Friday, June 22, 2007

The Weaning Post

When my mind and body started doing screwy things over the last couple of months, the brain trust that I consult about most issues (made up of my mom, sister, aunt, a couple of cousins and a few select girlfriends) came to a consensus that the breastfeeding hormones were at odds with the regular hormones and it was resulting in chaos, especially certain times of the month. All of a sudden tons of friends were telling me stories of strange issues they had from long-term breastfeeding. This theory kind of correlated with something my beloved OB/Gyn mentioned at my last annual exam and I kind of went with it.

Problem was, at the time, Mr. Bunch was firmly ensconced in his 4-5 times a day nursing habit. What's worse is that he'd recently begun toddling around and would come grab my shirt whenever the urge struck him (so like a man!). To make matters more difficult (so like a man!) he likes neither cow's milk nor pacifiers. Spoiled baby!! I didn't think there would be any way to get him off the boob!

My beloved pediatrician, with whom I generally disagree about breastfeeding matters, advised me to cut him off cold-turkey. "You'll have a couple of difficult days," he predicted, "and then it will be over." Easy for him to say, not getting to live through those agonizing days. Cold-turkey would not work for us.

Still, I knew the time had come. Although I always, always get sad as my babies leave behind a stage of their babyhood, I also realized that this was best not just for him, but for me and the other 3 people who depend on my (quickly-diminishing) sanity daily. As I turned it over in my mind, I realized that I just can't feel guilty about nursing my 3rd baby exclusively for over 15 months. Therefore, new routines were put in place, Dad took over Brady's bed time, and I broke out the bottles so he could still have something to suck. To my amazement, he did great. He still grabbed my shirt once or twice, but was easily pacified with a bottle of water, a snack, and a snuggle. His 5 times a day turned into just one: first thing in the morning, just before falling back to sleep for a short while.

I can so totally live with this. I get my fix and he gets his. All nursing takes place within the confines of my home, which means I get to go back to wearing my lovely non-nursing bras all day and no longer get funny looks from strangers as I try to wrestle a giant breast-feeding toddler while yelling at my other kids and trying to maintain some semblance of modesty.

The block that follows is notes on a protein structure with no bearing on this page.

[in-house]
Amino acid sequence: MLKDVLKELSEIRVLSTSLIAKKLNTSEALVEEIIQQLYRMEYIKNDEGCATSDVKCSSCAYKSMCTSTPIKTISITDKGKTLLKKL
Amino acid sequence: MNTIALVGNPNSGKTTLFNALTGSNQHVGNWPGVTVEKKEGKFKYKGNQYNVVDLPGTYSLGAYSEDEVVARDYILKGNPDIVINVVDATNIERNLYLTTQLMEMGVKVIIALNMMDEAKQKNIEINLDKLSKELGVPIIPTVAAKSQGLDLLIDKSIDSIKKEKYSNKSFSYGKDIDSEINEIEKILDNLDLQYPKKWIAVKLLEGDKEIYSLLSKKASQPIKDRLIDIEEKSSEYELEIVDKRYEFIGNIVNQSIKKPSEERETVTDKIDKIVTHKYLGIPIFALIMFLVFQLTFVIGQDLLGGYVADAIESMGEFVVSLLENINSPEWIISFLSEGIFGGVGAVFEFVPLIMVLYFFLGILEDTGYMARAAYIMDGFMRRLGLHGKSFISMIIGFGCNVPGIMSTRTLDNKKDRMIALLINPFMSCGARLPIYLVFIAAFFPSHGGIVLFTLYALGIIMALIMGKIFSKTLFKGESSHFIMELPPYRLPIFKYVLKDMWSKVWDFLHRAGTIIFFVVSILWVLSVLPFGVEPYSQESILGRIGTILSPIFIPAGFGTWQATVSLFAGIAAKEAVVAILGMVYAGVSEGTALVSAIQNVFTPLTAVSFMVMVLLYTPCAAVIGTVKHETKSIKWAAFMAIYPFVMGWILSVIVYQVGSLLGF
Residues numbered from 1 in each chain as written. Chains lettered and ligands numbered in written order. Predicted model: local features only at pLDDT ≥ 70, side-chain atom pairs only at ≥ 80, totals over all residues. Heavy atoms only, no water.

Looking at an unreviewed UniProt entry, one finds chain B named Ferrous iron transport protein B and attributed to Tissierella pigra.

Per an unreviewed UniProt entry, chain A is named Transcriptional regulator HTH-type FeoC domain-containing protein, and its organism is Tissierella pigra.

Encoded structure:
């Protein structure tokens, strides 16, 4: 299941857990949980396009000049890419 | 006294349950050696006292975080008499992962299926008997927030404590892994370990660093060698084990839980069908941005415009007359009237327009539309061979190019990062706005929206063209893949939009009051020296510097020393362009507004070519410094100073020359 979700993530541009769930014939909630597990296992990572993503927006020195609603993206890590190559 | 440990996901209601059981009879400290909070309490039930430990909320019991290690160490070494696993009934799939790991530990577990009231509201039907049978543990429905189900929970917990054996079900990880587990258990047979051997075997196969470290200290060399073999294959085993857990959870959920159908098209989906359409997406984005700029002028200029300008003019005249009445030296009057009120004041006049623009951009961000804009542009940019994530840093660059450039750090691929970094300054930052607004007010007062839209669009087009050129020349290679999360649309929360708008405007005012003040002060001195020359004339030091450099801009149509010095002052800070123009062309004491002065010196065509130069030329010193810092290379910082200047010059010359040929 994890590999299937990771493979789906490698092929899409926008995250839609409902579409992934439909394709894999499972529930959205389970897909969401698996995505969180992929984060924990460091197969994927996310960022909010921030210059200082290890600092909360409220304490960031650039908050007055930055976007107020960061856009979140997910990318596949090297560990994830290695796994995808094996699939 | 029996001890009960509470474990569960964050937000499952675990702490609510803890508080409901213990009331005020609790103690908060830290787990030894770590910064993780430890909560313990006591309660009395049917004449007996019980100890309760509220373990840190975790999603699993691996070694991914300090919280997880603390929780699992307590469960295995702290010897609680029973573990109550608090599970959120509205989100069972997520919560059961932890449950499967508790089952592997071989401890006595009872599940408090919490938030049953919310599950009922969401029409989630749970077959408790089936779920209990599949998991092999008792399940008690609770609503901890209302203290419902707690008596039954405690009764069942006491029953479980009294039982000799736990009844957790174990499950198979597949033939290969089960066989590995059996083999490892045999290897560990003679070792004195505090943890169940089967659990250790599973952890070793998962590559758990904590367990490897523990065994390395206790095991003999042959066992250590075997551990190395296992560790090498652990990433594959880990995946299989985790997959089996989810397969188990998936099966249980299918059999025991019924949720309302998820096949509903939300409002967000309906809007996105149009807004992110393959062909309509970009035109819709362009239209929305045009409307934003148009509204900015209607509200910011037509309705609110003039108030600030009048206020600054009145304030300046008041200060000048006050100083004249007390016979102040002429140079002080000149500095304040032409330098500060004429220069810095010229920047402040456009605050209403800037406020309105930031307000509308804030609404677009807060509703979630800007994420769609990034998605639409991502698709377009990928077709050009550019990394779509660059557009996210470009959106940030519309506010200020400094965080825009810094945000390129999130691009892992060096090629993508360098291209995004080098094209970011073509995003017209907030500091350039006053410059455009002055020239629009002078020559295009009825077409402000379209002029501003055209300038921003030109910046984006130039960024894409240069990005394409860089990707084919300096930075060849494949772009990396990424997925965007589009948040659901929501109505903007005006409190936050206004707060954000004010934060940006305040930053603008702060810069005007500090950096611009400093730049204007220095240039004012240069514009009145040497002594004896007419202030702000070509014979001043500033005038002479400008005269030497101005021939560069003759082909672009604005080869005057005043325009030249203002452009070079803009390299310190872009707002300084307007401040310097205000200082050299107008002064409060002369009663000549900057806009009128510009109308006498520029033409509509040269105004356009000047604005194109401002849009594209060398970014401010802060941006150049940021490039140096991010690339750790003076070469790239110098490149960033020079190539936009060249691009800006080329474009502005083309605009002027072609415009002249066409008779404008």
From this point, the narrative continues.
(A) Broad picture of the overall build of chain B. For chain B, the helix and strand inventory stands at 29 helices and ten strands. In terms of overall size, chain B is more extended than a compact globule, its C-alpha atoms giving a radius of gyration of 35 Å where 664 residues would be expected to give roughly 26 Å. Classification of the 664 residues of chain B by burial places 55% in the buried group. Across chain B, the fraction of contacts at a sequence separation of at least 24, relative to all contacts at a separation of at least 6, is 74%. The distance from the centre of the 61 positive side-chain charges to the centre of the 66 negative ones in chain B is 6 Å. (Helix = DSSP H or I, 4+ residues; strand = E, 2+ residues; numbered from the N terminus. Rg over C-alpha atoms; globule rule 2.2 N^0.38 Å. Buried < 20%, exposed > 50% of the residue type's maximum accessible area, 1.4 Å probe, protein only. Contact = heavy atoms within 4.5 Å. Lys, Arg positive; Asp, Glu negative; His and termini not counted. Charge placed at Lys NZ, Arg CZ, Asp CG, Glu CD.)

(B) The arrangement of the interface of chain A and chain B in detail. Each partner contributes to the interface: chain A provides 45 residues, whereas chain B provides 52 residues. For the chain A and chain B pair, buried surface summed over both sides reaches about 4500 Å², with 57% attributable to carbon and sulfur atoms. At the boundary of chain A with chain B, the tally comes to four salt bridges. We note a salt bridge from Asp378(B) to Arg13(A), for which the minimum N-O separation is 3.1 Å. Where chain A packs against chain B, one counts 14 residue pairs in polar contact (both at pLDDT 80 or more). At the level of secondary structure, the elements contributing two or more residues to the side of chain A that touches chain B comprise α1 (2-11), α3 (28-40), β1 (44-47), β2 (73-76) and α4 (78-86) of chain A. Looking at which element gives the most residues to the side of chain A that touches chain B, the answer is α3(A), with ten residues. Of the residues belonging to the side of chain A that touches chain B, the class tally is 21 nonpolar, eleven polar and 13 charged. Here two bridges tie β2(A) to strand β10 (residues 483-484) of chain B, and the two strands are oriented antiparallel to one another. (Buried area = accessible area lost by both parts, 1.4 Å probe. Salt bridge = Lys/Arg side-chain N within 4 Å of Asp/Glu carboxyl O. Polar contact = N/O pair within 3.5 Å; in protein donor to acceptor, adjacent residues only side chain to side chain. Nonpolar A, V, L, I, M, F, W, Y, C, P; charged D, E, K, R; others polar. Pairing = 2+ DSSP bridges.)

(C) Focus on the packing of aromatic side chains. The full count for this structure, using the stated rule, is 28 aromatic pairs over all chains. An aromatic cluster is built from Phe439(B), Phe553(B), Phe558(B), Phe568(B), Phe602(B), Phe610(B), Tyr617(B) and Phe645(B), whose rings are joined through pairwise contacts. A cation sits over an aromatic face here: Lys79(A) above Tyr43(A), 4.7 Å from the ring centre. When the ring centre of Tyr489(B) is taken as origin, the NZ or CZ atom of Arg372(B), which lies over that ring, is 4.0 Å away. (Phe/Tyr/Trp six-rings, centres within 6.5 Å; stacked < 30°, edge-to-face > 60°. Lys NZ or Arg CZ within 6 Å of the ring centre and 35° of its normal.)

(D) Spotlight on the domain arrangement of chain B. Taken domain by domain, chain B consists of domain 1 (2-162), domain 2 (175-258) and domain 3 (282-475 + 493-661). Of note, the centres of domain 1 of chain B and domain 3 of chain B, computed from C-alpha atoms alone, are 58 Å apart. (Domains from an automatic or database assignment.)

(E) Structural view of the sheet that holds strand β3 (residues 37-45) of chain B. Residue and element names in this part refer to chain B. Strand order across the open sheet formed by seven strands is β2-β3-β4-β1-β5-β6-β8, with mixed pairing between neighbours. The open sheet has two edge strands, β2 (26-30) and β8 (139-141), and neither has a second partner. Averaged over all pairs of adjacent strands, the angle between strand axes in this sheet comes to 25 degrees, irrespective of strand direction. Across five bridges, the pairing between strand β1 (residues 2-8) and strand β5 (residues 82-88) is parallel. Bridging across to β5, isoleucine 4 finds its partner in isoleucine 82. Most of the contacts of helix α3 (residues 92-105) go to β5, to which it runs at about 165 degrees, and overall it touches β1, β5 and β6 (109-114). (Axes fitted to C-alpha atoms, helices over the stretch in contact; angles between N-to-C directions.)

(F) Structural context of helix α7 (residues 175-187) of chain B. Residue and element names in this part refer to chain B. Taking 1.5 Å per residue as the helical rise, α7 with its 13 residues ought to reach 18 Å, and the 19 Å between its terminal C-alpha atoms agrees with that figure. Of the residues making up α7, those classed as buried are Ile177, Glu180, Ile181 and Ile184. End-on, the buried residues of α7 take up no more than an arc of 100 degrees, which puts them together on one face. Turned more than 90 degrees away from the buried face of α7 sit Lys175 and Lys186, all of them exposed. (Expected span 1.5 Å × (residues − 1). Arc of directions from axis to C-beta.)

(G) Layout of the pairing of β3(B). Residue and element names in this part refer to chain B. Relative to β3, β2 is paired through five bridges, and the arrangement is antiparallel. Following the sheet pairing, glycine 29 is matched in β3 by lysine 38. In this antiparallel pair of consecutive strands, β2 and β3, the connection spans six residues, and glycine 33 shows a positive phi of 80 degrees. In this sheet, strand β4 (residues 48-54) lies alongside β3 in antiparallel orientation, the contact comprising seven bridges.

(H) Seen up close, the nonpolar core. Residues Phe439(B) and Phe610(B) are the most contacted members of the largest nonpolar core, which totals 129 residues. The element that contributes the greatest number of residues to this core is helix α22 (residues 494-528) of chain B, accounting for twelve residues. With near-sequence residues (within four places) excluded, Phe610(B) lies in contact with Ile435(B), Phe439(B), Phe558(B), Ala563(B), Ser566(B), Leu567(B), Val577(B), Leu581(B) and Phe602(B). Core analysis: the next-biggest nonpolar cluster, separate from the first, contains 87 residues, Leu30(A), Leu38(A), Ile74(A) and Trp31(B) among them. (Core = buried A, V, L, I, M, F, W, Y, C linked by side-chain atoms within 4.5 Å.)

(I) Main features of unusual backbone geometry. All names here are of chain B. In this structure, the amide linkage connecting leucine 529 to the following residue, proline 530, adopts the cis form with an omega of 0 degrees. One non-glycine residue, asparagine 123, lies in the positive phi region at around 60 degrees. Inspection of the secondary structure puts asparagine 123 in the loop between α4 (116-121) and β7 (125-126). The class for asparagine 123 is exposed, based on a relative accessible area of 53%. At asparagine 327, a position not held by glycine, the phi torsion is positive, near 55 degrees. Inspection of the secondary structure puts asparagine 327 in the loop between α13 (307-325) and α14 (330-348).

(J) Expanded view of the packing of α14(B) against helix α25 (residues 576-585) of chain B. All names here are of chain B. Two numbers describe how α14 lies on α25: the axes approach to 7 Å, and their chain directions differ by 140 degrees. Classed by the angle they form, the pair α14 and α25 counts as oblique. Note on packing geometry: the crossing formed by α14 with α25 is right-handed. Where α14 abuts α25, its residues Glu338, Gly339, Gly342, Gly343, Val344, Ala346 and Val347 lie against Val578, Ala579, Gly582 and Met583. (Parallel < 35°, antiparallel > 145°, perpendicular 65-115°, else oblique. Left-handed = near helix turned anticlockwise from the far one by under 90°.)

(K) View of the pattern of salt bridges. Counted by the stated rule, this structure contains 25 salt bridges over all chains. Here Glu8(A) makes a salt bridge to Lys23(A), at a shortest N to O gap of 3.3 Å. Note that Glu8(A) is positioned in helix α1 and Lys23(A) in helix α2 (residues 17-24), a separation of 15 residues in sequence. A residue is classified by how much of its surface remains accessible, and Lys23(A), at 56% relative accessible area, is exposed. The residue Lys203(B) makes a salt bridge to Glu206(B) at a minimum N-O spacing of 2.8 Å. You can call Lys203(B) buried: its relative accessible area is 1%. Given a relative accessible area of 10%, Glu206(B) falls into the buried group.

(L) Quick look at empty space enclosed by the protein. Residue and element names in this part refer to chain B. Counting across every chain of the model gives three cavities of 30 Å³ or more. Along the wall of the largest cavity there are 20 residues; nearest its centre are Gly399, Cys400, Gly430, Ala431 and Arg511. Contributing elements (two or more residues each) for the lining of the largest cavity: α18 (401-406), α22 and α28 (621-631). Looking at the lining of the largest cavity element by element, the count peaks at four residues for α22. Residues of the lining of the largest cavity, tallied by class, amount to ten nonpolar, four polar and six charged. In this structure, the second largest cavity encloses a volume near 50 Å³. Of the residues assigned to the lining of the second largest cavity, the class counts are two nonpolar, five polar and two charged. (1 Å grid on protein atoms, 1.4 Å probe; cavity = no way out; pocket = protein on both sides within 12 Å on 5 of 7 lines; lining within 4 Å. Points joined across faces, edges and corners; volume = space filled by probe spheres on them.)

Still I'm starting to get signals that this, too, will end soon. Not only have my hormonal issues not completely gone away, but Brady skipped our regular morning appointment today. And never seemed to miss it. Of course, I'm so happy this is his decision instead of something I force him to do for my sake. But I'm still sad, wondering if I've missed our last time in my early-morning grogginess. I hope not. I hope I get one more morning with my little Bunch, to snuggle and nurture and kiss his feet while he looks up at me with smiles in his sleepy eyes. I hope he give me at least one more time to soak it all in for the last time and sadly say good-bye to one of the most fulfilling, lovely parts of motherhood.

Edited to add: Brady indulged me Saturday morning and we had a great time. I don't know if that was the last time. If it was, it was a good one!


Lissa Ballard said...

Oh T... I do know what you mean. I had to cut it all short 16 months into nursing Dalton very abruptly. I did have to spend my last time with him a little longer than normal, a little more huggy kissy with his little feet, and a few extra snuggles... I think he actually never made it to his crib that night.

I hope you get your last snuggle with Mr. Bunch before you have to leave this stage behind. He's so absolutely adorable, I can imagine how you'll miss this phase. If you can, sneak in a little snuggle from his Aunties around the world!


Anonymous said...

I know everyone has a different viewpoint on nursing and I think one does what feels right for her. I never felt the need to nurse, therefore both my children were bottle fed. I knew I had to go back to work immediately after my son which made the decision to not nurse an easy one.

I don't feel, because I bottle fed, that I missed any of the same things you mentioned...the snuggling, the feet, the hugs and the closeness. I know that when the time came to get rid of the bottle that I had just as difficult a time as any nursing mother.

What I'm trying to say is, although I didn't breast feed, I can still feel your emotional pain and I do hope you have that one last snuggle!

Tara O'Rourke said...

I so hope you get your last snuggle!! Seth snuggled with me for quite a long time after I quit nursing him. And at almost 5 he's still rather "fresh" with my chest at times. He was being quite nosy the other day while I was nursing Emily. LOL!! HUGS friend

tspwlv said...

Lissa - Thanks. He hooked me up yesterday and we had a great time!

Jaq - I agree that moms and babies need to figure out what works for them. For us, nursing was a no-brainer: it came easily, I didn't have to work and my kids took to it well. I understand it doesn't work as well for others. The only goal is happy and healthy baby and there are many ways to get there.

Tara - Boys will be boys!

Nik Just Nik said...

T I am so glad this went well for you.. I hope it helps to get those damn hormones under control... Please give that little man a big hug from me for making it so easy on Mummy...

Dont worry about those morning hugs.. you get them back just in a different way..